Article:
I’m new to VRC and everyone in my robotics club is using 4 omniwheels for this years game, Spin Up. Why not just use regular wheels if you’re not going to use a middle wheel to strafe? Aren’t you more prone to being pushed around?
Omni wheels are what allow you to move and turn without your robot wobbling and shaking like it’s possessed. Try building an all traction drive and see how it fares. Or, you could ask your teammates who are building omni drives why they chose to do so.
To add onto what Josh said, testing out how certain wheels work on different drives is excellent notebook material.
You want to look at not only all 4 wheels, but 2 and 2 combinations. That kind of thought with a data chart to back it up makes the judges very happy.
My teams couch absolutely hates omni wheels and wants us to use the old offroad looking 5" wheels, do not use the old offroad looking 5" wheels
Dont listen to my teams coach
Omni wheels are necessary for a good competitive robot
The 5" wheels could be great if your plan is to get into the Low Goal and reshoot disks. The 5" will make short work of the low goal barriers.
But this is a prime example of “brainstorm 3 ideas” where one is the 5" wheels; then test, do the metrics on the test results and then decide.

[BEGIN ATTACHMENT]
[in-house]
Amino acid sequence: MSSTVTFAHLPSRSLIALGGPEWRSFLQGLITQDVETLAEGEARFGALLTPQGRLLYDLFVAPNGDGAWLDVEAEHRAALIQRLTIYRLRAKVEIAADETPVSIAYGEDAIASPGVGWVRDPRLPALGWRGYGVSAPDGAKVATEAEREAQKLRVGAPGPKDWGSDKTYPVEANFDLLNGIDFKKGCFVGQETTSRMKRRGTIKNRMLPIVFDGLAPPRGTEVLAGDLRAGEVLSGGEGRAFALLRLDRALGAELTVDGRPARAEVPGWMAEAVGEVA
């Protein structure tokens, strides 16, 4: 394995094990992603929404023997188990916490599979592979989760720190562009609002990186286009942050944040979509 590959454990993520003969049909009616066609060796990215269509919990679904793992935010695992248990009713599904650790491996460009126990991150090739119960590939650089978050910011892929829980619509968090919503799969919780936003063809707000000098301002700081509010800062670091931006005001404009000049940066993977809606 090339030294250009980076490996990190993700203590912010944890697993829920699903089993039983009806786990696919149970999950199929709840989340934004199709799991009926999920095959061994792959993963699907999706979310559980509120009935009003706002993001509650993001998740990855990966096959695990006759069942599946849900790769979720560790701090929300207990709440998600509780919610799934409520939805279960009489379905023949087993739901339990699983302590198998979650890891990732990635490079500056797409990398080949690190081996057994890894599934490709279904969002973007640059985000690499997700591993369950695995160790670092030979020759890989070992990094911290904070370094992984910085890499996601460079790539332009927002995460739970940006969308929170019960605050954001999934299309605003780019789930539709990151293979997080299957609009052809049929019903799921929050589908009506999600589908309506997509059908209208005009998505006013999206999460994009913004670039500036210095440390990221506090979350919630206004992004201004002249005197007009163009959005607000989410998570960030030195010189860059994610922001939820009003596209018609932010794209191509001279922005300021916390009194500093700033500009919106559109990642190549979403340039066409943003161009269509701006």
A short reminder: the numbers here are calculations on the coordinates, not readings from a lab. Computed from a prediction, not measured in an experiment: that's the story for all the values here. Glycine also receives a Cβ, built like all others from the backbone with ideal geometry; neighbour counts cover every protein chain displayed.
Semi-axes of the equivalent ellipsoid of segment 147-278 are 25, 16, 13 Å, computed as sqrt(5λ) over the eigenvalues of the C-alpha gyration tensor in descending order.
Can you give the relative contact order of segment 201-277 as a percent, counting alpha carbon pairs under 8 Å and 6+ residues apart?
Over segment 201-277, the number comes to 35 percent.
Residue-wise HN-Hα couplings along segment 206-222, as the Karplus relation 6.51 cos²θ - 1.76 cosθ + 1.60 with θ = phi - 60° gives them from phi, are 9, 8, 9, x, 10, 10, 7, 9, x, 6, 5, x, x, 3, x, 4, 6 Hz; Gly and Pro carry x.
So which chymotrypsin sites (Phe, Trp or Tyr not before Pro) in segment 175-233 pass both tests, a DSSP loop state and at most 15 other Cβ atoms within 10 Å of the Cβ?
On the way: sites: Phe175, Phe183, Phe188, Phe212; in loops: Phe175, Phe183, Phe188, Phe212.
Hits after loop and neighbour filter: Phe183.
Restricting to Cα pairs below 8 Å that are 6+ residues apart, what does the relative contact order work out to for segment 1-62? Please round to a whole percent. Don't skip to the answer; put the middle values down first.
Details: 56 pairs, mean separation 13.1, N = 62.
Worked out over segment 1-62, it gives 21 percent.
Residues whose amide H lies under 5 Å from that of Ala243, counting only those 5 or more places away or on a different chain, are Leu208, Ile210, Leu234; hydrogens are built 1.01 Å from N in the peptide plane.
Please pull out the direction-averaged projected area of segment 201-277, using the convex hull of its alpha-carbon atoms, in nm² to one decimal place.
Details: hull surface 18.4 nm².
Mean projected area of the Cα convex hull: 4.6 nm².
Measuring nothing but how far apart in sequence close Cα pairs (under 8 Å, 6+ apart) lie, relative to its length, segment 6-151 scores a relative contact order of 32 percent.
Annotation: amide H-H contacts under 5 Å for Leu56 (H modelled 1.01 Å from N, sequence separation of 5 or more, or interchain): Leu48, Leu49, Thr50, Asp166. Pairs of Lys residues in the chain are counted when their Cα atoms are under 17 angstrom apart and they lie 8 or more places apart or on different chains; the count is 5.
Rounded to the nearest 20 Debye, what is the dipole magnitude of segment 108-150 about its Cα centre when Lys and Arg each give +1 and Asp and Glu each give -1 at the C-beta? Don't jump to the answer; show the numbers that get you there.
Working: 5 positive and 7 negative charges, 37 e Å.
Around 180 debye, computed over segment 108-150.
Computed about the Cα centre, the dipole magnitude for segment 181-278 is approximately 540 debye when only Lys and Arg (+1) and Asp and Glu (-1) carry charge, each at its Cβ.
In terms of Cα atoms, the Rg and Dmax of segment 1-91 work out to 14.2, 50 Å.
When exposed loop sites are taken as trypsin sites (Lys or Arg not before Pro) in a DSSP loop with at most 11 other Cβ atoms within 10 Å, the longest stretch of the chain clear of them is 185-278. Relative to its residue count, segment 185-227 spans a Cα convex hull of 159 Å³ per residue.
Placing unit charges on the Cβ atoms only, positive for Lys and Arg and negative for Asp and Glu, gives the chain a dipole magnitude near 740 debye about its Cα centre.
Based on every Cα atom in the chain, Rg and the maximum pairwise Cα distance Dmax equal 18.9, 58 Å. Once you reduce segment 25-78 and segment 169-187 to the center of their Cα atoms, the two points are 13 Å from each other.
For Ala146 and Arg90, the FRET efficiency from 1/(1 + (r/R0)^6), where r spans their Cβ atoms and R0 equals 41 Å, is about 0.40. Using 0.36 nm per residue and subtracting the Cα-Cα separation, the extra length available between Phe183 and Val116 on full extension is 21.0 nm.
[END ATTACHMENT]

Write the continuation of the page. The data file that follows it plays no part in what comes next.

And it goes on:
Maybe, maybe not. The 5" wheels don’t have a lot of turn resistance (so they won’t hop as much as a friction wheel) so they may turn out to be fine. I have teams that are doing mecanum wheels because of the combo of being able to translate AND going over the barrier is important to them. Omni wheels are not always the answer, but testing and looking at the actual numbers IS always the answer.
Another holonomic chassis design is an X-drive, which also uses all omni wheels. I personally find the X-drive to be better than a H-drive. Since, if the interior wheel of a H-drive is not touching the mat, the H-drive will not strafe. The VEX fields sometimes have some slight dips, which might cause the H-drive middle wheel to not touch the ground.
Aside from that, using all friction wheels might cause some issues with turning. As many people have already commented, a good combination of wheels for a tank chassis is two friction wheels at the back and two omni wheels at the front.
Another chassis design that your team could try is a six wheel chassis. So, two omni wheels in the back, two omni wheels on the front, and two friction wheels in the middle. This should make it so that it is hard for the robot to be pushed around and also turning should still be fine. If the drive train your team wants is a 4 motor drive, the wheels on each side can be connected using gears, allowing each side to be powered by 2 motors instead of 3.